He is a friendly and colourful character and we spend some time tasting from tanks and barrels before we sit down to a delicious lunch in the vineyard restaurant.  

From Casablanca we drive three hours south to Santa Cruz in the Colchagua Valley, a much bigger winegrowing area than Casablanca. It is here our visits become more typical and more formal. There's no rocking up when the mood or road takes you. You make an appointment. On arrival at the vineyard you stop at the imposing gates (closed). A self important man in a uniform struggles to understand your version of Spanglish (unless you have arrived with a guide), eventually checks your name against his list and grants entry.  For this area we hire a driver and guide who arrange the appointments and smooth the way.

At each winery everything is already set up for your visit: shiny glassware at the ready, and a well schooled young man or woman to take  you through a guided tasting.  In all cases we are given personalised service - labour is cheaper here than in New Zeland!  All of the hosts we meet speak excellent English, specialise in wine tourism, and are incredibly knowledgable about their winery´s vineyard and winemaking practises. Post tasting they relieve you of anything between $10 and $40 per person (that's not a misprint) and send you on your (slightly more) merry way.  Well, we do use spitoons but some wine is bound to find its way down your throat!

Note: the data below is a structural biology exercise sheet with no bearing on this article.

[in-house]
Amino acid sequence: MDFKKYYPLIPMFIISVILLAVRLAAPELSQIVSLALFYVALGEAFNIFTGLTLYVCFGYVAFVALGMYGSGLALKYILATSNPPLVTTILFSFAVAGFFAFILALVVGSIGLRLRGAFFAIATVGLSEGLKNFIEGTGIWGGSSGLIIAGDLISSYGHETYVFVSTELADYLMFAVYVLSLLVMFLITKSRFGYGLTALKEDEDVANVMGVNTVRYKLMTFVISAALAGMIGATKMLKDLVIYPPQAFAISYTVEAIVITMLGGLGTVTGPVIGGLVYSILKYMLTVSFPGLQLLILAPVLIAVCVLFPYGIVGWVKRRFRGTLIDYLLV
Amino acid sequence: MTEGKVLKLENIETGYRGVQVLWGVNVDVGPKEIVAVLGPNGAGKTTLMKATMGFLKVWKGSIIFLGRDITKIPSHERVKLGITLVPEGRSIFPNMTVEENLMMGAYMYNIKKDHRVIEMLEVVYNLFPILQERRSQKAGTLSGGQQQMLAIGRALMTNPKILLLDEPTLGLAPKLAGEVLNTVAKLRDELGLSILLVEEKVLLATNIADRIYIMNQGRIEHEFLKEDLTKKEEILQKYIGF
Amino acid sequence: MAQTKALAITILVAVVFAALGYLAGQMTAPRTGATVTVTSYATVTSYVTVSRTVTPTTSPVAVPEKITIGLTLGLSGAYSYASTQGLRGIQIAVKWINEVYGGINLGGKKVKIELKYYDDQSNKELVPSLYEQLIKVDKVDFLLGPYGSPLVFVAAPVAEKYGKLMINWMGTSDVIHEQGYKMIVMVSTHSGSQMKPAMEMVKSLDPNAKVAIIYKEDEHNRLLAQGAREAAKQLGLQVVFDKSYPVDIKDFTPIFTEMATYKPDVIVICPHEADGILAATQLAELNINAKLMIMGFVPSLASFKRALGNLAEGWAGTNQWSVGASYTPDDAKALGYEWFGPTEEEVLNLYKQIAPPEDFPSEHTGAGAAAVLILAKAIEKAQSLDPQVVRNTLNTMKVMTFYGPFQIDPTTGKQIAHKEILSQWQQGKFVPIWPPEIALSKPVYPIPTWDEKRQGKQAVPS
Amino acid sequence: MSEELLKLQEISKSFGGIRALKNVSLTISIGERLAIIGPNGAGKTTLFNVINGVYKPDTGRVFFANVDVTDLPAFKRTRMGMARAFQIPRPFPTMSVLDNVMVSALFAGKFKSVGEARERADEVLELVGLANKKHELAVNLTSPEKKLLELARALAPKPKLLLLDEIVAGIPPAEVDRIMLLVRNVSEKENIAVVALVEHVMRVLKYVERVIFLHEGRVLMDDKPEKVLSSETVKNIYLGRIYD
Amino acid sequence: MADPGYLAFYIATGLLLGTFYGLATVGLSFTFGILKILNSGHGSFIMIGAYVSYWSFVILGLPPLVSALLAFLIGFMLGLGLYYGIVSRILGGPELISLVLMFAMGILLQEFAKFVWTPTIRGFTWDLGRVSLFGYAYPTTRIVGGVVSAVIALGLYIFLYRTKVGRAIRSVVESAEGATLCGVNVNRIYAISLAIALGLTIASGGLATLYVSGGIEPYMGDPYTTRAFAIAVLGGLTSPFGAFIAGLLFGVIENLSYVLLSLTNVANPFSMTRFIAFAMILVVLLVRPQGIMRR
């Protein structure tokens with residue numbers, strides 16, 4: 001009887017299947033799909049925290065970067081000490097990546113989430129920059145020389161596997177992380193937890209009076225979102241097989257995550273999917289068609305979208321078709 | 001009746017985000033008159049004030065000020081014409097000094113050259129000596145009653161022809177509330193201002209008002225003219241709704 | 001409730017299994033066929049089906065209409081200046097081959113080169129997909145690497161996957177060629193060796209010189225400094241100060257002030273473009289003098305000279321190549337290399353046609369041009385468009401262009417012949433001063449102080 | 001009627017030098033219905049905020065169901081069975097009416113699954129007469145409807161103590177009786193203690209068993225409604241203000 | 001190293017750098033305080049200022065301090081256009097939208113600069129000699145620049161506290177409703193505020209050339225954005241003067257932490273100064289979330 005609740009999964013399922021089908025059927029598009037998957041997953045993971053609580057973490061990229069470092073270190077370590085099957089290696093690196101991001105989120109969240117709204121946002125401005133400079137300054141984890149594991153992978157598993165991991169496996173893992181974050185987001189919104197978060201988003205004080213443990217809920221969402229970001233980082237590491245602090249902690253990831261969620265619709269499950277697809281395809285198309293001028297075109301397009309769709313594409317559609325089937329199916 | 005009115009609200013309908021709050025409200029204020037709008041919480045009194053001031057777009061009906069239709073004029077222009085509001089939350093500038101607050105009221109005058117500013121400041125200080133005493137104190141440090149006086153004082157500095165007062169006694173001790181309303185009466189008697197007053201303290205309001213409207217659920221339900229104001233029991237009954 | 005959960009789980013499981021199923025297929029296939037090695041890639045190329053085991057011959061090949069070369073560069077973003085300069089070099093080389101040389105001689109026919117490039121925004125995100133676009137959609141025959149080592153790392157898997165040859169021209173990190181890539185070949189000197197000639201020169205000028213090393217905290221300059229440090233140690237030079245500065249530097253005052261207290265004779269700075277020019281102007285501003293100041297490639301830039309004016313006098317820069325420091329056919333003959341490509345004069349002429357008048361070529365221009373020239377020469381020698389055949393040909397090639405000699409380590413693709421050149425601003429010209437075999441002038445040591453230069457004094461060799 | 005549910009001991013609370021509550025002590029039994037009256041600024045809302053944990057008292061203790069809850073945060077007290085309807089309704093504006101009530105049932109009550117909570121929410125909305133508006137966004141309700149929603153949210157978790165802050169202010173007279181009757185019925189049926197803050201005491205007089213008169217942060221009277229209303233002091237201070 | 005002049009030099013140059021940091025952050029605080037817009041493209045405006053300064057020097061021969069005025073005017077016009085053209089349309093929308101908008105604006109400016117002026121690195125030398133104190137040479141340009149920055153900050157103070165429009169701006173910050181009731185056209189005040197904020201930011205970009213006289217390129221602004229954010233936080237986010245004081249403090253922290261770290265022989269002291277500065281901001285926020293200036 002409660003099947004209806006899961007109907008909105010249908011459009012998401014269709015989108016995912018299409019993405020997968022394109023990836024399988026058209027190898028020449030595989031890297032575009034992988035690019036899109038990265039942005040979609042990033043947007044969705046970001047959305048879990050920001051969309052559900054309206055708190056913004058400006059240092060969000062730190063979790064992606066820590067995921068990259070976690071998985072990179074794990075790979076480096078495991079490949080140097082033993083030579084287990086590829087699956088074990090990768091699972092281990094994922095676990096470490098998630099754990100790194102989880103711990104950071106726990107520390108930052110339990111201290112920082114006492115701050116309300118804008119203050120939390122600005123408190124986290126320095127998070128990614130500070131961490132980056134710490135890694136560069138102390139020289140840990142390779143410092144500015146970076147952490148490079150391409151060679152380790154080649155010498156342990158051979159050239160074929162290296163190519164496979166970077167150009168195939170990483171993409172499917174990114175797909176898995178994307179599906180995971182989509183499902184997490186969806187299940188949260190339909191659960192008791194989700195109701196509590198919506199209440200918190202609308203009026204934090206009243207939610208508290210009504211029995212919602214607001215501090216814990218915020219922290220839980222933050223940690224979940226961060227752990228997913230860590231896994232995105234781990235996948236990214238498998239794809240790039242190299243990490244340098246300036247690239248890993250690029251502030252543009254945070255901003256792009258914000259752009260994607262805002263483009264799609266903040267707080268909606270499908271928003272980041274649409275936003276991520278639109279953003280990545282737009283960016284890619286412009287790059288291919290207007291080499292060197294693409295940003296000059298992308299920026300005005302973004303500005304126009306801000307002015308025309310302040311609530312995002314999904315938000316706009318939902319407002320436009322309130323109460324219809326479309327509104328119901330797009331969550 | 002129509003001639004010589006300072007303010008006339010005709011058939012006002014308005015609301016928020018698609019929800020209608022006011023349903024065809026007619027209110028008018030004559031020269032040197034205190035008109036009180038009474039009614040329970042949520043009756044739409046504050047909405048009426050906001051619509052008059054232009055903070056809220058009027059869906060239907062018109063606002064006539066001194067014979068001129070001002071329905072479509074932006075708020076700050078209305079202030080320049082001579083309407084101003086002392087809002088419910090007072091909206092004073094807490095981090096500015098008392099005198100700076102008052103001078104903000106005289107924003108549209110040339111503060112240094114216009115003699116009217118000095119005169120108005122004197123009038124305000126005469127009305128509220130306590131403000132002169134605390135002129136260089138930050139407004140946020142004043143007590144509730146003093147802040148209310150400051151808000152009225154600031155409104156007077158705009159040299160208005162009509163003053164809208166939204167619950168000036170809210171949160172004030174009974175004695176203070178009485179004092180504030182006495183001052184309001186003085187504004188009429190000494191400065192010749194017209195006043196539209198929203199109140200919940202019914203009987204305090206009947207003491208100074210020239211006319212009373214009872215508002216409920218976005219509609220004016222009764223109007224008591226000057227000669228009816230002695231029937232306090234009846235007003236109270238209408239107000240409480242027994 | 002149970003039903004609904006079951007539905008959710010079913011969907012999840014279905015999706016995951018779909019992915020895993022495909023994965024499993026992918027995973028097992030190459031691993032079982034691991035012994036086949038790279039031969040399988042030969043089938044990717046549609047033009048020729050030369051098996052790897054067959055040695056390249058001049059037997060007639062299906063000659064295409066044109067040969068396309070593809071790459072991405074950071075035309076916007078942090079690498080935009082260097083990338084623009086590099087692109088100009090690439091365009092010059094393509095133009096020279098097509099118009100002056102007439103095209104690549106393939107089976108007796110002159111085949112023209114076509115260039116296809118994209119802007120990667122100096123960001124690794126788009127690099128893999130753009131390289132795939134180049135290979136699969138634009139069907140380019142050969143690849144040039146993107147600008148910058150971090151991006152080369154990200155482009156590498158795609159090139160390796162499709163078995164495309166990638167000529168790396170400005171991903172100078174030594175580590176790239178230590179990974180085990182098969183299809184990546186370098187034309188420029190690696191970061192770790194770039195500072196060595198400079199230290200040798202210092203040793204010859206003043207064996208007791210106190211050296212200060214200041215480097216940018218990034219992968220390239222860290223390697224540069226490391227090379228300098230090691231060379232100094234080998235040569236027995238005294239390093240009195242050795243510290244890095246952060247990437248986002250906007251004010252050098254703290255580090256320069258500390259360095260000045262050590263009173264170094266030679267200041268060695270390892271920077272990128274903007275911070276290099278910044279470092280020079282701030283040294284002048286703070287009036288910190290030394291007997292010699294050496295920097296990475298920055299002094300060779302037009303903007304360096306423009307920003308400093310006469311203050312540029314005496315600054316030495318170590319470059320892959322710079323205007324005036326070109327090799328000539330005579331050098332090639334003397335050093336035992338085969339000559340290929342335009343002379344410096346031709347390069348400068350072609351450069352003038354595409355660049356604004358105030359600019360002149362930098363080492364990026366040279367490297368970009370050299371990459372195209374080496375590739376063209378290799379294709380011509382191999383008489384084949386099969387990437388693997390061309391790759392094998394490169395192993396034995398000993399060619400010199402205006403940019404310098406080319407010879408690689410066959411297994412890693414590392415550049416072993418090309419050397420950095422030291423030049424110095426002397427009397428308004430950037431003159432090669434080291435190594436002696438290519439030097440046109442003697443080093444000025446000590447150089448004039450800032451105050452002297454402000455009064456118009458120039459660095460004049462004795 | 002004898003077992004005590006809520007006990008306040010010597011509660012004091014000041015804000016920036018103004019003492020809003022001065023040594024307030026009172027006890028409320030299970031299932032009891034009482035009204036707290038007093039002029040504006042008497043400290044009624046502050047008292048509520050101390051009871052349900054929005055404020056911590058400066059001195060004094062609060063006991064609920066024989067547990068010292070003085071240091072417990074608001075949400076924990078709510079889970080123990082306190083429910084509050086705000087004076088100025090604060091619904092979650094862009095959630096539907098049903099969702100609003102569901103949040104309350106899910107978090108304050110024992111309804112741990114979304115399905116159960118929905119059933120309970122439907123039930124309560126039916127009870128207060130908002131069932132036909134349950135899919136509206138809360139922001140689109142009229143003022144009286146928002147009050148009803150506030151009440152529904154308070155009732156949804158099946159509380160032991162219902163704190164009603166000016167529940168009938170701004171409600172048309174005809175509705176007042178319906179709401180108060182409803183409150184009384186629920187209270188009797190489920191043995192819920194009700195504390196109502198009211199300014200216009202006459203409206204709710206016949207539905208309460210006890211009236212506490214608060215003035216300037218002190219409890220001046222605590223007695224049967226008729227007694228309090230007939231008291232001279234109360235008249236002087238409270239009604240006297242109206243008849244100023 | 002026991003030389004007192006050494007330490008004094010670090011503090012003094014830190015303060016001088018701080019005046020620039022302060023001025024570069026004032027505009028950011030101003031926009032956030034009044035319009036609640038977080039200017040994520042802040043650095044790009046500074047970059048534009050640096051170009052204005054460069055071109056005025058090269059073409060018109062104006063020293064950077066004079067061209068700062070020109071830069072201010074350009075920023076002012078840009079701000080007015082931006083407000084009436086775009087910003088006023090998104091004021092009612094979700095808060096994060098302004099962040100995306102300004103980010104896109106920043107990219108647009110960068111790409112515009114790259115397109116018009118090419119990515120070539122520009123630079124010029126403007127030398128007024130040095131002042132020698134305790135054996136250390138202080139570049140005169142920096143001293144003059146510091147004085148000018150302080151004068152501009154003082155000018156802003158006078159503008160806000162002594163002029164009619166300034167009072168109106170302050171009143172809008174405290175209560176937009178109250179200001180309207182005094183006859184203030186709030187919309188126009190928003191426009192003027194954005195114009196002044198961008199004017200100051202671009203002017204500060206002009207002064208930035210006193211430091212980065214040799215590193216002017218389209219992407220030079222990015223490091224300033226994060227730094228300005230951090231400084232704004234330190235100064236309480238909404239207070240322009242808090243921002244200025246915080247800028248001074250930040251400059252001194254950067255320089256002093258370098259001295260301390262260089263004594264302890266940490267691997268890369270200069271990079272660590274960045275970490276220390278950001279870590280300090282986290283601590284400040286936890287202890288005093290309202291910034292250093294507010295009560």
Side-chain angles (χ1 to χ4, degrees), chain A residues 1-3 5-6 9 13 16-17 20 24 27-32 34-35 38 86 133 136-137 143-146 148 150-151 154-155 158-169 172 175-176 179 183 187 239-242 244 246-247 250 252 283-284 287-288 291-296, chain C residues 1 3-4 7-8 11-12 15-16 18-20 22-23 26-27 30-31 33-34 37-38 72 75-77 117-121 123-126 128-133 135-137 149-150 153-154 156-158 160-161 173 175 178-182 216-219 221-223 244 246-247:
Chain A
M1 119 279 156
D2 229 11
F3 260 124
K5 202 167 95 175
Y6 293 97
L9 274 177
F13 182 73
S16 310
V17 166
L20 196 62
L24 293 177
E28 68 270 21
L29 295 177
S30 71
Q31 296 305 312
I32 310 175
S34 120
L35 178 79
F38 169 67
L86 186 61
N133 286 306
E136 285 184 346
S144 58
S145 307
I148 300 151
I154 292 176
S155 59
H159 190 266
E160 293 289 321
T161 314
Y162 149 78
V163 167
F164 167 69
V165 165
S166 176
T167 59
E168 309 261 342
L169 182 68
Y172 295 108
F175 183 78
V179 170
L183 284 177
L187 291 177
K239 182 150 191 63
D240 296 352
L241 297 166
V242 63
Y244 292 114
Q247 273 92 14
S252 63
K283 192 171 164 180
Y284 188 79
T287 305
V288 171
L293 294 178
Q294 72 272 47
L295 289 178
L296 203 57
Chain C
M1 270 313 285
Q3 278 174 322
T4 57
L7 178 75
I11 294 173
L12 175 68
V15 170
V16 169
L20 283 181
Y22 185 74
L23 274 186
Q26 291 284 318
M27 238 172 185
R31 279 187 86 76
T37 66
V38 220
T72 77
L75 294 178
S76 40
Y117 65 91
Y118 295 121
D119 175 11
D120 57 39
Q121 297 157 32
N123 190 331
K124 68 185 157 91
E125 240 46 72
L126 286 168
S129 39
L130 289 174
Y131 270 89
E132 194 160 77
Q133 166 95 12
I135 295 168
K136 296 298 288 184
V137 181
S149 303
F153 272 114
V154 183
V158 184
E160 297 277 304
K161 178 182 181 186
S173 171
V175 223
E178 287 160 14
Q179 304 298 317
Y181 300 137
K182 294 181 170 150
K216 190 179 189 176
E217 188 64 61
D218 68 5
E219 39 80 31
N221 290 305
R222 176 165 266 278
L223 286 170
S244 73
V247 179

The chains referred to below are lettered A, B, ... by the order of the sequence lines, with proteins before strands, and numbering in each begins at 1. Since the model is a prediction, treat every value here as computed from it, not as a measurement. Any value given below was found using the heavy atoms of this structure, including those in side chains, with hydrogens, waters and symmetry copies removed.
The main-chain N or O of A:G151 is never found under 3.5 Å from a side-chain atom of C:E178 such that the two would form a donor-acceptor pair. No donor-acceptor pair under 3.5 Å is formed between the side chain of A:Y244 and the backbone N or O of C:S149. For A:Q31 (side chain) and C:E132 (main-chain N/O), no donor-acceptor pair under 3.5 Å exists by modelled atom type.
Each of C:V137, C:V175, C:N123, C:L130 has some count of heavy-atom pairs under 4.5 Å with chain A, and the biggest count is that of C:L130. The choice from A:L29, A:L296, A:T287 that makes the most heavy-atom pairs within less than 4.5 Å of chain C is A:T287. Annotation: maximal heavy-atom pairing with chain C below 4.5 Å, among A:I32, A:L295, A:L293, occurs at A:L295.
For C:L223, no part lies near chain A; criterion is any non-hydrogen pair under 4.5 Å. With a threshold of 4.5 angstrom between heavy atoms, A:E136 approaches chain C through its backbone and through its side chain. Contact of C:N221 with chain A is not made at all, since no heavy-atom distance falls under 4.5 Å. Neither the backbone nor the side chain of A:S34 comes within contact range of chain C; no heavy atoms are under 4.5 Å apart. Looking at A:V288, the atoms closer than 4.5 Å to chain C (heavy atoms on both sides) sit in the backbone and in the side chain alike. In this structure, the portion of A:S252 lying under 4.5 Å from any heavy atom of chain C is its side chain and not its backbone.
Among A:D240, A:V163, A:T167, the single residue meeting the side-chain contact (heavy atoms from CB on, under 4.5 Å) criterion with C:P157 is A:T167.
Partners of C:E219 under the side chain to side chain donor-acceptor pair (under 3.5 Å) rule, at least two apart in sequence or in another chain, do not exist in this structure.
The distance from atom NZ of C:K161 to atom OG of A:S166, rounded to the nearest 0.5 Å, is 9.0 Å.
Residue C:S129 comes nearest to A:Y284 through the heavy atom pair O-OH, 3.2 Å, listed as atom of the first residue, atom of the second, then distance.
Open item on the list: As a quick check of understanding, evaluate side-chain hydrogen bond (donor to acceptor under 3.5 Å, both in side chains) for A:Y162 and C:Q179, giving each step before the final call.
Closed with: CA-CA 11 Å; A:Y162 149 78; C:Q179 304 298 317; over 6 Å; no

The expensive tasting is at the most spectacular and interesting winery, Lapostelle, in the Colchagua Valley about two and a half hours south east of Santiago.  The owners are the French family Marnier Lapostelle, as in Grand Marnier, and while the total production is massive, their top tier label, Clos Apalta, is totally (and you might think excessively) biodynamic. This is seriously over the top. The individual grapes are hand picked off each bunch by 60 virgins.  Well maybe not virgins, but 60 local women. After this, every process is designed to minimise air contact and handling. There are no pumps - everything is moved by gravity and the winery, dug down into the hillside, is designed on seven levels to facilitate the process.

The internal staircase at Lapostelle in the Colchagua Valley

The whole winery is a beautiful piece of architecture and engineering, and the two barrel rooms are the most elegant I have ever seen. I strongly recommend checking the website and taking a virtual tour - the family wine library, which we only saw from above, looks spectacular. It gives a great look at the scale and level of detail involved.

I find biodynamics all a bit woo-woo and I don't believe many people will pay the extra cost -  the Apalta labels are well into the hundreds of dollars, but it was interesting to see how far people with strong beliefs - and the money to back them up - will go.

All of the wineries we visit seem to have money to spend both on the public buildings and on the infrastructure - equipment, tanks, barrel rooms.  The number of wineries in Chile has grown from 12 in 1995 to over 70 in 2005, so it is still relatively young.  Generally French varietals reign and for us the introduction to Carmenère was an eyeopener - an early drinking (early as in young, not so much early in the day, but suit yourself) lighter style red. If you see Chilean Carmenere on the shelf, give it a chance and see what you think.

Off over the Andes to Argentina now. Stay tuned.